New Studies Show Technology to Blame for Increase in Plagiarism
Two Pew Research studies conducted in the spring of 2011 have shown that technology has made it easier for college students to cheat. TechNewsDaily reported, “A report from the Pew Internet & American Life Project found that 55 percent of college presidents said they noticed an increase in plagiarism over the past decade, and 89 percent of that group said technology has played a major role.”
Some are blaming this increase on the fact that more colleges are offering online courses. PewSocialTrends reported, “More than three-quarters of the nation’s colleges and universities now offer online classes, according to the survey of college presidents, and about one-in-four college graduates (23%) have taken a course online, according to the general public survey.” However, others are saying this is not only an online course issue, as traditional courses allow students Internet access to do their research as well. The traditional classroom has seen its share of technology-related issues including the use of portable cellular devices to text answers to test questions.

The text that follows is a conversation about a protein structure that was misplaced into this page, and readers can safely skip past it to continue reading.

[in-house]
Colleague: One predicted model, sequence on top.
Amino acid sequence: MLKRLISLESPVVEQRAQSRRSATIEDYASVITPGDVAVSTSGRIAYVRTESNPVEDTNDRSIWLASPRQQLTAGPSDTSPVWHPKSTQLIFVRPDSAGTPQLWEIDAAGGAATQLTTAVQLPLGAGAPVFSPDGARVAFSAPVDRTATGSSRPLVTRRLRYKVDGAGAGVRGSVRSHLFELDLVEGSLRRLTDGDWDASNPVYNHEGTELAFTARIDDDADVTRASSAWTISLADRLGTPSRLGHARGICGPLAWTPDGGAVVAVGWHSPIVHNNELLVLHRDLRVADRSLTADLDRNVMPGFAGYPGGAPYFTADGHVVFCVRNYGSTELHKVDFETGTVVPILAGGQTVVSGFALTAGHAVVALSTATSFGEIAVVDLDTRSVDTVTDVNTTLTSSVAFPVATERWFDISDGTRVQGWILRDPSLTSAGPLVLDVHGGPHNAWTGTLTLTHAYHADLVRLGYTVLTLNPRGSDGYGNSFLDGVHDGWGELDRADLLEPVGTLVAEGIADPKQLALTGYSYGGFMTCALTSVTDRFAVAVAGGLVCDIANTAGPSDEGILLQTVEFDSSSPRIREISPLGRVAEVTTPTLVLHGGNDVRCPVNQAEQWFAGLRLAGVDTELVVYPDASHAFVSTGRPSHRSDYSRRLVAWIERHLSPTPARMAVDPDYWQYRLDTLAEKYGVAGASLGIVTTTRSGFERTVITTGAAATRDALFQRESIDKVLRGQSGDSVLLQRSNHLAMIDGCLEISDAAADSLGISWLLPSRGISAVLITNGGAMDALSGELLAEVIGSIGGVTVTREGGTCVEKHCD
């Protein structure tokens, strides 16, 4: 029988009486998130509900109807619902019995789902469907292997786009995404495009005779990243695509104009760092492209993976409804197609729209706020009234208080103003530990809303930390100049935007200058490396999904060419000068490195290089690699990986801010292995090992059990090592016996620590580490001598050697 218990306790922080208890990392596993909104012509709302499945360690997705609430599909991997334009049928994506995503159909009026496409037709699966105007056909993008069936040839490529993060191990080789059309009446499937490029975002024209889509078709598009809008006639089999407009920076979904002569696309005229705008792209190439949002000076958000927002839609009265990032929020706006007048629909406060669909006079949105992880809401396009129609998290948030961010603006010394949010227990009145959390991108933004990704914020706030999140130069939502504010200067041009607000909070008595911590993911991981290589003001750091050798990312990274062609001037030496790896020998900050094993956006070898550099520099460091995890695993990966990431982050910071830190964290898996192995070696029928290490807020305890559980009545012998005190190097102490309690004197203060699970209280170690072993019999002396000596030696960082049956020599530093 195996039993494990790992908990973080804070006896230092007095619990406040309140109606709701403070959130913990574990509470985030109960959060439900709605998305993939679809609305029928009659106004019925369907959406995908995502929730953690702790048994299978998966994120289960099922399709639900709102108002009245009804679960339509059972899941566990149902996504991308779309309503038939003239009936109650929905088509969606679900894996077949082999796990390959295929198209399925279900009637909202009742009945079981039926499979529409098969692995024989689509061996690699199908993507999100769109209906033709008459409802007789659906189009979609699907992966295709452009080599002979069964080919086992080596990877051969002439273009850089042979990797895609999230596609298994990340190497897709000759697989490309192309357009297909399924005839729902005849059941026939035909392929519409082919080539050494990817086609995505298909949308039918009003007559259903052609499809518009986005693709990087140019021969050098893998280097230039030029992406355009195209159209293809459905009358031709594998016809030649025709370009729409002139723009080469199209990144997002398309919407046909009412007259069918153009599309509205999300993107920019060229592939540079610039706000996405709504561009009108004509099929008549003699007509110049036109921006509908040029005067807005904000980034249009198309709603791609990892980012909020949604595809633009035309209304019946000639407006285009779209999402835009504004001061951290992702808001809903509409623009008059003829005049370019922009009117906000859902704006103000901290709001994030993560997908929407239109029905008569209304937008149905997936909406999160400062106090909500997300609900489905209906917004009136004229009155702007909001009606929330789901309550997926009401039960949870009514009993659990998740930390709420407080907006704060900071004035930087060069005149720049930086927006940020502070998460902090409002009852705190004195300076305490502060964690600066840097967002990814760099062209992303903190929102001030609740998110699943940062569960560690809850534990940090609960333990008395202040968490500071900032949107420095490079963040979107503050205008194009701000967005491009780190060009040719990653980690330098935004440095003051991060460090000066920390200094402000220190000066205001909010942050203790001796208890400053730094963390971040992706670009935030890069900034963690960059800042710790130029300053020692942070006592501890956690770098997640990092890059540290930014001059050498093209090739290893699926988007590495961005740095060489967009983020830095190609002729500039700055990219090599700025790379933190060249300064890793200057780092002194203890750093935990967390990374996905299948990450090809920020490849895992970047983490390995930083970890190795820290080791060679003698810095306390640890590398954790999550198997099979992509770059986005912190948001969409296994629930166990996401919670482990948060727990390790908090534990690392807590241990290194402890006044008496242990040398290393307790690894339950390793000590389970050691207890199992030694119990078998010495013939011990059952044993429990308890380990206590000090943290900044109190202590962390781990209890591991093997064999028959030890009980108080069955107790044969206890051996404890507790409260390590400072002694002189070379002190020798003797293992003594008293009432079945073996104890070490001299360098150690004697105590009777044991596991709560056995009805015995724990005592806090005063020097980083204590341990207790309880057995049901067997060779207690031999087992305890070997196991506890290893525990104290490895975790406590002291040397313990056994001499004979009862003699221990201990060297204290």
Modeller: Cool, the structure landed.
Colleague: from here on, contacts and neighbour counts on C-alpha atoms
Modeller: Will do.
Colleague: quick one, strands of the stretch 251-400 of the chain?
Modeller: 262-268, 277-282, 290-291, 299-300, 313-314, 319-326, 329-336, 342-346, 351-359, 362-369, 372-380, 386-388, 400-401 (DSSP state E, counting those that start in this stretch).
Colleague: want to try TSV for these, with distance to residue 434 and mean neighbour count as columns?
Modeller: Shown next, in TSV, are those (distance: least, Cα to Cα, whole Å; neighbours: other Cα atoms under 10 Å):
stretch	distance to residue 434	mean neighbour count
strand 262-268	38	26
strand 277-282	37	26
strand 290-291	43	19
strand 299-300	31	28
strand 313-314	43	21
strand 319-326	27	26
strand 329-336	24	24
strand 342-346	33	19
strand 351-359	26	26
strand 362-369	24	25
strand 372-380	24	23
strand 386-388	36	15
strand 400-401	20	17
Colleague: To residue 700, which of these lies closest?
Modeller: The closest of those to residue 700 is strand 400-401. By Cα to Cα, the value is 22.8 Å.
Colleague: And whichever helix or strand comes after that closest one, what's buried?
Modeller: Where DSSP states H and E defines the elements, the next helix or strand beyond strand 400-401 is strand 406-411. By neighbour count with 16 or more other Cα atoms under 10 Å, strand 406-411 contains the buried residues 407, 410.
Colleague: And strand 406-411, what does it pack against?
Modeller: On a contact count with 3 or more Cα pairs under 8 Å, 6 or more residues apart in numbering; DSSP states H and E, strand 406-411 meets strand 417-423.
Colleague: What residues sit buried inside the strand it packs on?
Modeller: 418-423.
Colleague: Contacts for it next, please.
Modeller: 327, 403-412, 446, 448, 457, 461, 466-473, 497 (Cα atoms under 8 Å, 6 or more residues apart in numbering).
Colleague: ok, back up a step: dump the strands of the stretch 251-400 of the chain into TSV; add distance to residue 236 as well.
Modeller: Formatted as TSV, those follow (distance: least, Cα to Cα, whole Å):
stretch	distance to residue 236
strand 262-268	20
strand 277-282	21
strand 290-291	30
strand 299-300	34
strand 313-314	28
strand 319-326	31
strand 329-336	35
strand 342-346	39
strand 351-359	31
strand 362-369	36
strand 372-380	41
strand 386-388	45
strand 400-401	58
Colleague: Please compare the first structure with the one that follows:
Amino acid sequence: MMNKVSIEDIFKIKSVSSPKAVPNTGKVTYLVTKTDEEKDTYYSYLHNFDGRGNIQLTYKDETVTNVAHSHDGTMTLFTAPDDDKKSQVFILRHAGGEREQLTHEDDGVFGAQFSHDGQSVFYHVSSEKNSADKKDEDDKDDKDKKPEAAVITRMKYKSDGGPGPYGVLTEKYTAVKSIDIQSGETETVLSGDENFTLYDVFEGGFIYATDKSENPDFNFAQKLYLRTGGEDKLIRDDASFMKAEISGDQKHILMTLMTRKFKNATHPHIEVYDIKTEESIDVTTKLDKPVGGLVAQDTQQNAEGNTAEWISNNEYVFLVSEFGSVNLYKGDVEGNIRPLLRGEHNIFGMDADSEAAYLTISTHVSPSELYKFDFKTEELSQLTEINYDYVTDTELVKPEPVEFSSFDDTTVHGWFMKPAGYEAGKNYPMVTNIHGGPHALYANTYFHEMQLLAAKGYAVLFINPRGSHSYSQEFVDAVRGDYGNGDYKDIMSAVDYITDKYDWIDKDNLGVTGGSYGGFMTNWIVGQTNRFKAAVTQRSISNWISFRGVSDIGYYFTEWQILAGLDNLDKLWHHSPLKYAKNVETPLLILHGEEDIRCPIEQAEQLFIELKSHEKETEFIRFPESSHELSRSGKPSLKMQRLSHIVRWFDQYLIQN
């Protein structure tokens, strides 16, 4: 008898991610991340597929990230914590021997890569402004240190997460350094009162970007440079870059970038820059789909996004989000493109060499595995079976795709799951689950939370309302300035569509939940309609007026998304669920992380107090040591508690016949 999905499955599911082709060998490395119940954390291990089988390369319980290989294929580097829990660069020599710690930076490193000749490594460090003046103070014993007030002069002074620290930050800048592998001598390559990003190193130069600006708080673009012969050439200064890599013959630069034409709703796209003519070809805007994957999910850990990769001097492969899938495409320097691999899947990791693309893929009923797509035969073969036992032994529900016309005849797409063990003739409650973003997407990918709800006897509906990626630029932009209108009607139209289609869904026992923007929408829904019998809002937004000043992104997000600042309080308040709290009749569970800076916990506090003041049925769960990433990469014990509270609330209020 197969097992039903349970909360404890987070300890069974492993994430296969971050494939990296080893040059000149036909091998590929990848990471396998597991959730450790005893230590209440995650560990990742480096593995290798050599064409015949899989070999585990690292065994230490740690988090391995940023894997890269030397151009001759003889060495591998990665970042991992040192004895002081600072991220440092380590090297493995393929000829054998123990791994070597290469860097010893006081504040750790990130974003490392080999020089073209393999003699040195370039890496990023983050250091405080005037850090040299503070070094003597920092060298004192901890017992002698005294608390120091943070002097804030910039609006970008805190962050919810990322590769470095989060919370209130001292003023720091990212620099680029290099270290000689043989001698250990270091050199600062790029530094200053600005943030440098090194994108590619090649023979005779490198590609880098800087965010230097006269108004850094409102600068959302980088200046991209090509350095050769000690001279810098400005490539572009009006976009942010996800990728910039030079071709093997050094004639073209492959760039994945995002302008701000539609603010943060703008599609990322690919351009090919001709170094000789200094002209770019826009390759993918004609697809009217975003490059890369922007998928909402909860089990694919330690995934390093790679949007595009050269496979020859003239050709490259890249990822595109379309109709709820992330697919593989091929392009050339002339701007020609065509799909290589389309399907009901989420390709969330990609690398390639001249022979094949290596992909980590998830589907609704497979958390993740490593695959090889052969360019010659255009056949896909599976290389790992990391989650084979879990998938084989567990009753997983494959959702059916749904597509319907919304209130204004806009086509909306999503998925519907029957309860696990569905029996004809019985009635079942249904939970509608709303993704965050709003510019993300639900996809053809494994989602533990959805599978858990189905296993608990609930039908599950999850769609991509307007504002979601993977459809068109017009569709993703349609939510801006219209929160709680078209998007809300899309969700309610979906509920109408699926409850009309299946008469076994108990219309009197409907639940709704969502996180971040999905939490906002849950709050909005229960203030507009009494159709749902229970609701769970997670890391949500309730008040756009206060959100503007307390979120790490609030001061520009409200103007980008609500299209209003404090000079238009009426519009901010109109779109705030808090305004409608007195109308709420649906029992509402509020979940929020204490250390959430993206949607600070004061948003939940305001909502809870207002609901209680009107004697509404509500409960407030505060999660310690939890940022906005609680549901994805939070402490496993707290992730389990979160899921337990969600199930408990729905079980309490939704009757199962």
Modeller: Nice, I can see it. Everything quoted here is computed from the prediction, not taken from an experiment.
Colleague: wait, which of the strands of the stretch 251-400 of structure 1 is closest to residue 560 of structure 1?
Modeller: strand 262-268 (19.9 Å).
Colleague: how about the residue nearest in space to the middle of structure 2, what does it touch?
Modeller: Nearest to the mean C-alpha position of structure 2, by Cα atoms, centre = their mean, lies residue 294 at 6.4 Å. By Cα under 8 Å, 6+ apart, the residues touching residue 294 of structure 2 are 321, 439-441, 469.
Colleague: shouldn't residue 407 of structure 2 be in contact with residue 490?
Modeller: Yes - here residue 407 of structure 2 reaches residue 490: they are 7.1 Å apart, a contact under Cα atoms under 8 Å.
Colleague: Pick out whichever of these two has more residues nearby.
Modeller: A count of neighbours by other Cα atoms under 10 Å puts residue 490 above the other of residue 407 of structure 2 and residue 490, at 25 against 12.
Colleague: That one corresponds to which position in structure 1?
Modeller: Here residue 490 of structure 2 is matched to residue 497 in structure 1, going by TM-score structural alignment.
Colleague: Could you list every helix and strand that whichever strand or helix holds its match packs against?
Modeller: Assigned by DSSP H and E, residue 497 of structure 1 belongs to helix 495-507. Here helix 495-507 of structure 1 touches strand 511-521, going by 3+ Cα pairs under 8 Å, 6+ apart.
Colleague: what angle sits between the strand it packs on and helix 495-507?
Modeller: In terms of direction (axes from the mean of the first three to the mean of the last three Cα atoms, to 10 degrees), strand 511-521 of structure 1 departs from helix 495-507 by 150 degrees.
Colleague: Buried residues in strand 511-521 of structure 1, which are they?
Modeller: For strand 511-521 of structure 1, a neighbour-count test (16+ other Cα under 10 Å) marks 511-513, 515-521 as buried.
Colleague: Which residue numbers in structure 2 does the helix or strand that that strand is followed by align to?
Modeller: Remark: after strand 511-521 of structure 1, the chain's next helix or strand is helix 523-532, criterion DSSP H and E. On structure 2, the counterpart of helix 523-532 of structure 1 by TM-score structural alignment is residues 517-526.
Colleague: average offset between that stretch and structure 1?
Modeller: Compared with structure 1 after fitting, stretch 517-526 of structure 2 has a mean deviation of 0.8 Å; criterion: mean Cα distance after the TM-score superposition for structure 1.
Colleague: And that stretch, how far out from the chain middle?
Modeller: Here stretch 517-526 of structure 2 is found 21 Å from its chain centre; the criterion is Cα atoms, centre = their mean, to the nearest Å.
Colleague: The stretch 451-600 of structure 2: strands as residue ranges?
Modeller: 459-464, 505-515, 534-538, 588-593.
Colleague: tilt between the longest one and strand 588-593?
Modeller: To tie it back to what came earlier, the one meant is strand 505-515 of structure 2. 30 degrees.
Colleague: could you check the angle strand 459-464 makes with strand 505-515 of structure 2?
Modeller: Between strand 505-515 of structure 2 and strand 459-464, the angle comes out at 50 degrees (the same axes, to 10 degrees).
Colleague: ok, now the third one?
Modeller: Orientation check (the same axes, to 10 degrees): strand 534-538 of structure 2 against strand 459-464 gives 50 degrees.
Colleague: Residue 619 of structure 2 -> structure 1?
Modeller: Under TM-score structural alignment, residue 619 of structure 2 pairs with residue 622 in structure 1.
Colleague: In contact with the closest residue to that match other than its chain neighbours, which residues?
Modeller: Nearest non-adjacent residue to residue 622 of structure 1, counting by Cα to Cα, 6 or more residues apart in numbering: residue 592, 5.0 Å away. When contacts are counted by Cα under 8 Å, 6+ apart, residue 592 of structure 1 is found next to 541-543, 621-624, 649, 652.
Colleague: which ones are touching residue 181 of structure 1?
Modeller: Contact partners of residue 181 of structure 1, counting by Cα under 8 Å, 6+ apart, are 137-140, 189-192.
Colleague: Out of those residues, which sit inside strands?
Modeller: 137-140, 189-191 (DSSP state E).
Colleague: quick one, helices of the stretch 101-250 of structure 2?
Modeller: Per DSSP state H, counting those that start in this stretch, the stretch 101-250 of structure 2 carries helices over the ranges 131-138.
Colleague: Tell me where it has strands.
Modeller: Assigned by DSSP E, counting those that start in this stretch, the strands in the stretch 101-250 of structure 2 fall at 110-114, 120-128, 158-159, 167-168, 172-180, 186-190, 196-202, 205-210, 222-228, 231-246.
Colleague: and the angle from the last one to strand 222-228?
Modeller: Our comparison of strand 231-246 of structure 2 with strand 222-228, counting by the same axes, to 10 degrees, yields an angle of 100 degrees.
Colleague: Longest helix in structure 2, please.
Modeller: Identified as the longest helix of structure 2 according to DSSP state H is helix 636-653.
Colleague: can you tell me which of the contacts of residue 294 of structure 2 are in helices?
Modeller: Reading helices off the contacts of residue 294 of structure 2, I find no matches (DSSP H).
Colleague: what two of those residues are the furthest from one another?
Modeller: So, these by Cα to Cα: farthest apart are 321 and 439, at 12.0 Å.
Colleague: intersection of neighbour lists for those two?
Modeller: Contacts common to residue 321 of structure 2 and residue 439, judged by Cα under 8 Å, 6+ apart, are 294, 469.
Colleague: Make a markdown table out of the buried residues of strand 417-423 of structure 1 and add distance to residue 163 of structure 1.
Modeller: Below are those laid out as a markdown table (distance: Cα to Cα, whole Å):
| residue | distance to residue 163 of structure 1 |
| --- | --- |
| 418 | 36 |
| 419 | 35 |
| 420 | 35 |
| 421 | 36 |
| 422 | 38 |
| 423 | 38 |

Research shows that there will be more growth in digital learning. With this growth has generally come more appreciation. Online learning has become a more well-respected form of learning. “The vast majority of two-year colleges offer online courses (91%), and their leaders are among the most likely to believe that online learning is comparable to learning in a classroom.” However, with access to the Internet, schools must take steps to insure that students are submitting their own work.
One of the biggest issues is plagiarism. Sometimes students plagiarize unintentionally due to a lack of understanding how to cite correctly in APA format. However, many intentionally plagiarize. Schools have combatted this problem by requiring papers be run through a plagiarism-checker like TurnItIn. Universities buy licenses to use the TurnItIn website which checks documents for originality. TurnItIn boasts the following statistics:
- 150+ million archived student papers
- 90,000+ journals, periodicals & books
- 1+ million active instructors
- 14+ billion web pages crawled
- 10,000 educational institutions
- 20+ million licensed students
- 126 countries
Sites like TurnItIn include many of the papers that are sold online. Students who are caught submitting these papers face being expelled. Plagiarism checkers are helpful finding papers that have already been written. However, they cannot detect papers that students pay others to write for them.